The BJP May be Gung-Ho About Its Poll Prospects, But the Job Crisis is Real!

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  • The Bharatiya Janata Party-led National Democratic Alliance would have us believe that India as a nation is making rapid progress and is in line to become one of the most developed countries very shortly. Of course, the pandemic-induced economic meltdown and the ongoing conflicts between some of the countries across the world have signed the global community severely would be tantamount to an understatement. Thankfully, the Union Finance Ministry and the Reserve Bank of India’s timely initiation of prudent fiscal measures ensured India stayed afloat despite encountering several challenges from all around. Welcomingly, India has even sustained a steady GDP growth as compared to some of the most advanced nations. Undoubtedly, this should augur well for the BJP’s propaganda team as the parliamentary polls approach.

GDP

PC: Global Times

  • The GDP growth over the last few quarters must have warmed the cockles of the countrymen as well as fiscal experts. The BJP never misses an opportunity to boast about how the administration has painstakingly created an atmosphere of all-round growth despite numerous challenges courtesy of fast-changing geopolitical and geostrategic situations. Mind you, India’s economic growth in the first three quarters of 2023-24 exceeded 8%, well above the most optimistic projections. A survey of youth in Delhi, however, indicates that headlines are missing something. Disconcertingly, eighty percent of the respondents said getting a job in the last two years was either difficult or very difficult. The growth is not translating into adequate opportunity for youth.
  • Needless to mention, jobs are the No.1 economic and social issue. Let’s start with the big picture. The share of our working-age population is about 63%. It’s expected to be stable for a while. This is the much-talked-about demographic window in which an economy can transform dramatically. East Asian tiger economies did that. The window was used to create a demographic dividend. Now miss this opportunity, a country may stagnate. Concerns about two negative trends visible in the jobs market need honest introspection. People moved back to agriculture, which meant limited earnings. Also, many of the new jobs were in the unstable category of self-employed, especially for women. Therein lies the crux of this article. Everything is not hunky-dory, you see.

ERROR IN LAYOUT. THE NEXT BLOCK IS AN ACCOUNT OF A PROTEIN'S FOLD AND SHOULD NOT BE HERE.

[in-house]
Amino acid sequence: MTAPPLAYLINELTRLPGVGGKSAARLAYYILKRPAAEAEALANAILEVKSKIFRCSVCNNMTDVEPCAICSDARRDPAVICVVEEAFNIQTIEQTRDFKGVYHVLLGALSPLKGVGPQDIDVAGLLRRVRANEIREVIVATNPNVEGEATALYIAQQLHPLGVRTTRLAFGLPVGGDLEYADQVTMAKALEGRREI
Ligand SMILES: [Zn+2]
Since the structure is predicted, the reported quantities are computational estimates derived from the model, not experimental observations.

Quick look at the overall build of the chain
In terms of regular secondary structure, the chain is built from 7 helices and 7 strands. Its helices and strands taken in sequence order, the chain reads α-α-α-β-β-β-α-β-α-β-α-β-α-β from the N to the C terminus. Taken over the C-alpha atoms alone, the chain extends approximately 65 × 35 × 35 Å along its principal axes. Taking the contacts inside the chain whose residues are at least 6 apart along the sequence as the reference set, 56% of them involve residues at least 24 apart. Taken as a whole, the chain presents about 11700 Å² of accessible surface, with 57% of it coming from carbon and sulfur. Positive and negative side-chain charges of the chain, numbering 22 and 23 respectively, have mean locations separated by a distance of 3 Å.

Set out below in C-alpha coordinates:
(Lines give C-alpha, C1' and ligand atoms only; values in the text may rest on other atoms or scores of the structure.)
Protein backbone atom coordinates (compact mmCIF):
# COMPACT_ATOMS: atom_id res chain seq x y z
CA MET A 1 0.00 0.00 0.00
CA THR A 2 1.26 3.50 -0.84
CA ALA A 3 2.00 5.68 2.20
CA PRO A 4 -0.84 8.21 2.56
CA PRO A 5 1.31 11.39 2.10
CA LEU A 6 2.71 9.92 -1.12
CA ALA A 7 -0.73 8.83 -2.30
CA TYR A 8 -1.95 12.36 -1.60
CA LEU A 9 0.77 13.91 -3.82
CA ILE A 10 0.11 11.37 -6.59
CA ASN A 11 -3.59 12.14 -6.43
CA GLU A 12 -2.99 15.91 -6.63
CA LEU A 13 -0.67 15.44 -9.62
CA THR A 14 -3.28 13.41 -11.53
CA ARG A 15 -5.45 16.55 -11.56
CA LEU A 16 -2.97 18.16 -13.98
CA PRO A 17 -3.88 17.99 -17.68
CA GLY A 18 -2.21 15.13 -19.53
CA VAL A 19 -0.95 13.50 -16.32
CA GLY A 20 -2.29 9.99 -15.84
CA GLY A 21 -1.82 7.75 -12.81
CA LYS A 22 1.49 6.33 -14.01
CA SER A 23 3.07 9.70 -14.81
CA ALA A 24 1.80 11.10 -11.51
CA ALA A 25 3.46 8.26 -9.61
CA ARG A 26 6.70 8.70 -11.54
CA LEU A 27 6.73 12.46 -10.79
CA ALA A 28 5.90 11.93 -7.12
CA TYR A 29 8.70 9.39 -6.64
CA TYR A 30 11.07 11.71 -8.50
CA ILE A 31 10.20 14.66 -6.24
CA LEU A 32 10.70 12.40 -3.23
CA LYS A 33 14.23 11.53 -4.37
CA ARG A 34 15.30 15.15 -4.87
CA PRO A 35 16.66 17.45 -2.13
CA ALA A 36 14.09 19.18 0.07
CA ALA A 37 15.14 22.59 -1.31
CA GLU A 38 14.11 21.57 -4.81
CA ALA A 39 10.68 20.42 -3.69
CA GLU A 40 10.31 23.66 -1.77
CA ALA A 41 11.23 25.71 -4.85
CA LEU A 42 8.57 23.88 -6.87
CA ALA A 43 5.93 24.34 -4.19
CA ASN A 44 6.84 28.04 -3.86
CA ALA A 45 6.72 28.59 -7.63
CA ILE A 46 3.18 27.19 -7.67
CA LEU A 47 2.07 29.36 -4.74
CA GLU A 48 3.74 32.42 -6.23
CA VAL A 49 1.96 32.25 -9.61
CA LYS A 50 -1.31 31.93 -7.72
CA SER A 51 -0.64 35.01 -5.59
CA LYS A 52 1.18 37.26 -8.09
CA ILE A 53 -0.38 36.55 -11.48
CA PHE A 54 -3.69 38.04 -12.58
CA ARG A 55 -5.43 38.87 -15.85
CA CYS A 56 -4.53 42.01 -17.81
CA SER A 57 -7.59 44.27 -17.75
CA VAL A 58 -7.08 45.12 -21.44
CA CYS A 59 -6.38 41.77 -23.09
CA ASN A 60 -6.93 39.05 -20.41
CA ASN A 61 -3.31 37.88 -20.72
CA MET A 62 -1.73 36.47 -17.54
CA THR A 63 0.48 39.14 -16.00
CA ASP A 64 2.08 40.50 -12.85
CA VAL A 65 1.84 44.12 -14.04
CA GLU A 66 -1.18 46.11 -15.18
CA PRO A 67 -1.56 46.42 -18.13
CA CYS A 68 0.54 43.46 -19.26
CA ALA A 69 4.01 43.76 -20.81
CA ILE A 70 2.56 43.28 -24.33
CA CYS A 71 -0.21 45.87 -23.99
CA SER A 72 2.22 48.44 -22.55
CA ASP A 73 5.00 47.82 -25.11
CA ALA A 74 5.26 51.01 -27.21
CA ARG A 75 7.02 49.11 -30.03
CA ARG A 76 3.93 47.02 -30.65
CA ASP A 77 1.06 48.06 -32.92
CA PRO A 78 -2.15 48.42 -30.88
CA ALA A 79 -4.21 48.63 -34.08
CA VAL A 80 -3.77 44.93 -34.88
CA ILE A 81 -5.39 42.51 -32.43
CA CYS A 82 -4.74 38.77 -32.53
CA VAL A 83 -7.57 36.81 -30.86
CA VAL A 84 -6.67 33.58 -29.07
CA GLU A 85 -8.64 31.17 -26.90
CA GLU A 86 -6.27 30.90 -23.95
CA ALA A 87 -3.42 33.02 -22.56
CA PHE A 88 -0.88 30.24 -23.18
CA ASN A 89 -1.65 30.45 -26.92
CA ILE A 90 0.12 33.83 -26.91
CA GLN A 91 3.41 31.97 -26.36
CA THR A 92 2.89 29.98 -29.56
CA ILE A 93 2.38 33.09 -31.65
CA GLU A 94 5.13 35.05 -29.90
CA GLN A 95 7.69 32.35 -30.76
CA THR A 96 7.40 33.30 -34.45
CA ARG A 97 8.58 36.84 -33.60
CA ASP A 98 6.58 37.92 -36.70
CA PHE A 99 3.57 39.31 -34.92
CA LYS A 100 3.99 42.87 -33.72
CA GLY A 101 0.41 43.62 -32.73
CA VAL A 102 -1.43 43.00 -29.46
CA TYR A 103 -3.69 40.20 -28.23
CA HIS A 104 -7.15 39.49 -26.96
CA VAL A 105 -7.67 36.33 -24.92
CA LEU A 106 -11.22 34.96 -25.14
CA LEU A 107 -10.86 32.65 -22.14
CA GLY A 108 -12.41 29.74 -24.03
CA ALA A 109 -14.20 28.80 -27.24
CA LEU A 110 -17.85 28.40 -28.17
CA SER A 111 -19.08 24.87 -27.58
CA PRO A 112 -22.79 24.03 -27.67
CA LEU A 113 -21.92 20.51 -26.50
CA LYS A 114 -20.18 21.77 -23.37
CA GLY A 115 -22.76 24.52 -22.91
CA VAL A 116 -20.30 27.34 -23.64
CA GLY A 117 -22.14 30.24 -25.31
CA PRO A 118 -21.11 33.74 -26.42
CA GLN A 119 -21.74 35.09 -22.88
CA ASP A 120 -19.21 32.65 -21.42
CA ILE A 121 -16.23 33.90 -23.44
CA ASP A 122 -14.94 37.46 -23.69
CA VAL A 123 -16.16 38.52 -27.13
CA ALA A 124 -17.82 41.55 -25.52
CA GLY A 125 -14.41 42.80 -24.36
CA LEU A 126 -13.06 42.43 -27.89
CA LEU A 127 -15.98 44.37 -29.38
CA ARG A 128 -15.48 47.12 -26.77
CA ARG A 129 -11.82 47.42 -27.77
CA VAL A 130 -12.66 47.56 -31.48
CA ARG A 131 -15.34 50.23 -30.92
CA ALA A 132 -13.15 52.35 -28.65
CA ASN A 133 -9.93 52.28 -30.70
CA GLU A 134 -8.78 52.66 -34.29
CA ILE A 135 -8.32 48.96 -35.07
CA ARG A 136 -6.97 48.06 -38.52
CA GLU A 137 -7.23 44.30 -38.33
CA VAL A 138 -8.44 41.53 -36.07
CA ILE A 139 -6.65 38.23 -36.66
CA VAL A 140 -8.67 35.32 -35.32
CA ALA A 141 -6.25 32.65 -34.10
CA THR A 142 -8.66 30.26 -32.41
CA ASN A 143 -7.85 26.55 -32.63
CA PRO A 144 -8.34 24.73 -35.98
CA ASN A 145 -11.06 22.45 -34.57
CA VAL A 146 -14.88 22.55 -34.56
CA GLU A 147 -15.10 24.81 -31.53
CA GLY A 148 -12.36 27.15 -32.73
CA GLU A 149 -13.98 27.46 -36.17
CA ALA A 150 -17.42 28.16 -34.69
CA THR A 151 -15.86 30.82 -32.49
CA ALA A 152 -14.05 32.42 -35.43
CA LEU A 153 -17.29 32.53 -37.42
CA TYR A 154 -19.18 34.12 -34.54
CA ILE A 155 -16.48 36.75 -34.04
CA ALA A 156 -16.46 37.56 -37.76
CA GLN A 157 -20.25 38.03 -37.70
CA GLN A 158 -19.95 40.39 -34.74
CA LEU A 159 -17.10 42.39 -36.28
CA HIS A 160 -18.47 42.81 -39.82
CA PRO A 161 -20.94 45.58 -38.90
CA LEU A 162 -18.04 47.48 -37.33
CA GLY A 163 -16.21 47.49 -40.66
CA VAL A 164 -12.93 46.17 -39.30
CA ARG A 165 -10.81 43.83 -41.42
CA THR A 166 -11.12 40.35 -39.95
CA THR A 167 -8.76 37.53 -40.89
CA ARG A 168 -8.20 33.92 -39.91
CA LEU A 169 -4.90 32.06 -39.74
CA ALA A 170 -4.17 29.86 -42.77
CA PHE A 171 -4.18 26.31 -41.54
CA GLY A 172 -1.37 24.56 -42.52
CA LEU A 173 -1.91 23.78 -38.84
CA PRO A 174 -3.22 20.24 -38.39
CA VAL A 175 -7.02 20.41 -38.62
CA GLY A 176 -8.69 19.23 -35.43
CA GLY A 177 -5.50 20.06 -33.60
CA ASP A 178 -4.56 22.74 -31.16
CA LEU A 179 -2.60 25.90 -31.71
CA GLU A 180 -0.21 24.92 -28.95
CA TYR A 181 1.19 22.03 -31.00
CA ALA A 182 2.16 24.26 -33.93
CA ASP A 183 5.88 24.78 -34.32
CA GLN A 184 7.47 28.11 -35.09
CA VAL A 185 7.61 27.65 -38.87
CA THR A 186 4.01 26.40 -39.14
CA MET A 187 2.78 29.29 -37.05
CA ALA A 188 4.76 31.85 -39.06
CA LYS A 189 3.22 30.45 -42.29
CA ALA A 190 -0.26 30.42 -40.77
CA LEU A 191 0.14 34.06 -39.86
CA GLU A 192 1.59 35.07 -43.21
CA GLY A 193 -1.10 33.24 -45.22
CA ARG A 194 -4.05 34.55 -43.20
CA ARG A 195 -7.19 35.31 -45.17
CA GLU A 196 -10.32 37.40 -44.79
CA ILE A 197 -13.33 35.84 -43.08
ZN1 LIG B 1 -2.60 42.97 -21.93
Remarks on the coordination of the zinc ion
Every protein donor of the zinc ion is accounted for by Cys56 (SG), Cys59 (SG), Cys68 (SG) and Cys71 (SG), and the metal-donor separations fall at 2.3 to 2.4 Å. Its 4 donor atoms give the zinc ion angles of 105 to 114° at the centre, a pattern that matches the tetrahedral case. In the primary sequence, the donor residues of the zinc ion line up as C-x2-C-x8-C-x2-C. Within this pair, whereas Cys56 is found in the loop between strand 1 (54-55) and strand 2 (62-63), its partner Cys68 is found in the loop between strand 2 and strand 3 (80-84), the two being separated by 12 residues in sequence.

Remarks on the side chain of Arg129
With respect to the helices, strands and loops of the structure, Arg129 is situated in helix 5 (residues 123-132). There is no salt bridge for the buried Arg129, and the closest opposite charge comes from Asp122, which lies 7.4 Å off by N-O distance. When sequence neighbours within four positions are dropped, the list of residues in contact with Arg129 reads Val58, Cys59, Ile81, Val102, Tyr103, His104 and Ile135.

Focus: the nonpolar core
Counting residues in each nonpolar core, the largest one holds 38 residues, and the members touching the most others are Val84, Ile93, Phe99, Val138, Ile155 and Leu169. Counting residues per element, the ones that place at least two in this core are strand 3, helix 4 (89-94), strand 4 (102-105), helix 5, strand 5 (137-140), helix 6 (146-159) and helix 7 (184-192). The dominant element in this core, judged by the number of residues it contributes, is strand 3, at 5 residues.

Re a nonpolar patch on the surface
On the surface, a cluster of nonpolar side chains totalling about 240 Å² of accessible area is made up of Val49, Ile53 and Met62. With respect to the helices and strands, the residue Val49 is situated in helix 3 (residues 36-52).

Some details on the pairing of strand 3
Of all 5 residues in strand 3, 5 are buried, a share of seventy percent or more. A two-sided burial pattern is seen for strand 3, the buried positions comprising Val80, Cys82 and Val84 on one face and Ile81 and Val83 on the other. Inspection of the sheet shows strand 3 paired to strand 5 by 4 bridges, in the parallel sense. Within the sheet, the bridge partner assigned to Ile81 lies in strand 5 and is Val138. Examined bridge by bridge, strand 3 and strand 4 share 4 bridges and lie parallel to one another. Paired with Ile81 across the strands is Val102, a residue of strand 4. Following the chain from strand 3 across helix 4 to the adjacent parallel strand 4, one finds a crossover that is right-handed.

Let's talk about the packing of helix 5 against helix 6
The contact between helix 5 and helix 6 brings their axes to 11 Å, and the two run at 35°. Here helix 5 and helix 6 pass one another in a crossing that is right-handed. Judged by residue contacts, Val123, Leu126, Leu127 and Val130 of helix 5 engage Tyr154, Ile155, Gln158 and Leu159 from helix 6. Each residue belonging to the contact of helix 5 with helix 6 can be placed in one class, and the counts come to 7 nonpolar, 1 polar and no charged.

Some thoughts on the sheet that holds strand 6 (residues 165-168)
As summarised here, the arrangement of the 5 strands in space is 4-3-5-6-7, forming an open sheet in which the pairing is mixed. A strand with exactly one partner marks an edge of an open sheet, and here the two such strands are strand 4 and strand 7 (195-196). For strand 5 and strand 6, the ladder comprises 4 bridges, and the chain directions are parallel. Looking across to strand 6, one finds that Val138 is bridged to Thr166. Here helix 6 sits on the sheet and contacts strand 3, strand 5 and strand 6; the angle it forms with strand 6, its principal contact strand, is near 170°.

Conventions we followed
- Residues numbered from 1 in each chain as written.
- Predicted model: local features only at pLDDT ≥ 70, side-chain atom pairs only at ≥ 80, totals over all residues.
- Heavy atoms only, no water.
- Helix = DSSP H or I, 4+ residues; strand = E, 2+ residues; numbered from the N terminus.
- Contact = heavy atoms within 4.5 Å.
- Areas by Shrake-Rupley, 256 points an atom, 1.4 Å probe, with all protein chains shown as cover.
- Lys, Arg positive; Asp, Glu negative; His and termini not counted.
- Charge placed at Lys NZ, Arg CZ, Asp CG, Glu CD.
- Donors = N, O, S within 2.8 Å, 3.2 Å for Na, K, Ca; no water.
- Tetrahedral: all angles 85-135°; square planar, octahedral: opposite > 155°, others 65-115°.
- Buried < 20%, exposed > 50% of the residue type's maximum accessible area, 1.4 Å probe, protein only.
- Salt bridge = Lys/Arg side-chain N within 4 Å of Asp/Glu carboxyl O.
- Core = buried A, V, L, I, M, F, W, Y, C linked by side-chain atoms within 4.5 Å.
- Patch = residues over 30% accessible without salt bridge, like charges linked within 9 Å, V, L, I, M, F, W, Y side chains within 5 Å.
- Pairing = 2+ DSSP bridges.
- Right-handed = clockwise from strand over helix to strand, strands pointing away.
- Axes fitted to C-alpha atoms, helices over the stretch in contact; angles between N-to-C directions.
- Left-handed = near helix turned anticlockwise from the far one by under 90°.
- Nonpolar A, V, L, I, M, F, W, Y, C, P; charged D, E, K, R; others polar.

Unemployment

PC: Mint

  • India’s youth employment profile suggests a crisis. The share of youth who are not in employment, education, or training has averaged 29.2% between 2010 and 2019. It’s the highest in South Asia. There’s a high proportion of unemployed educated youth even as industry complains of a shortage of labor for skilled jobs. Leave aside a few elite institutions, education in India is not a proxy for employability. To illustrate, about 3,700 PhDs applied recently for the post of a peon in UP police where Class V was the eligibility criterion. That’s the job market’s message. No surprise then that if 53.2% of the female workforce was self-employed in 2019, the proportion will increase to 62% in 2022. Many are not even paid. The opposition parties should exploit this glaring anomaly.

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Krishna MV
Krishna is a Post Graduate with specialization in English Literature and Human Resource Management, respectively. Having served the Indian Air Force with distinction for 16 years, Armed Forces background definitely played a very major role in shaping as to who & what he is right now. Presently, he is employed as The Administrator of a well known educational institute in Bangalore. He is passionate about sharing thoughts by writing articles on the current affairs / topics with insightful dissection and offering counter / alternate views thrown in for good measure. Also, passionate about Cricket, Music – especially vintage Kannada & Hindi film songs, reading – non-fictional & Self-Help Books, and of course, fitness without compromising on the culinary pleasures.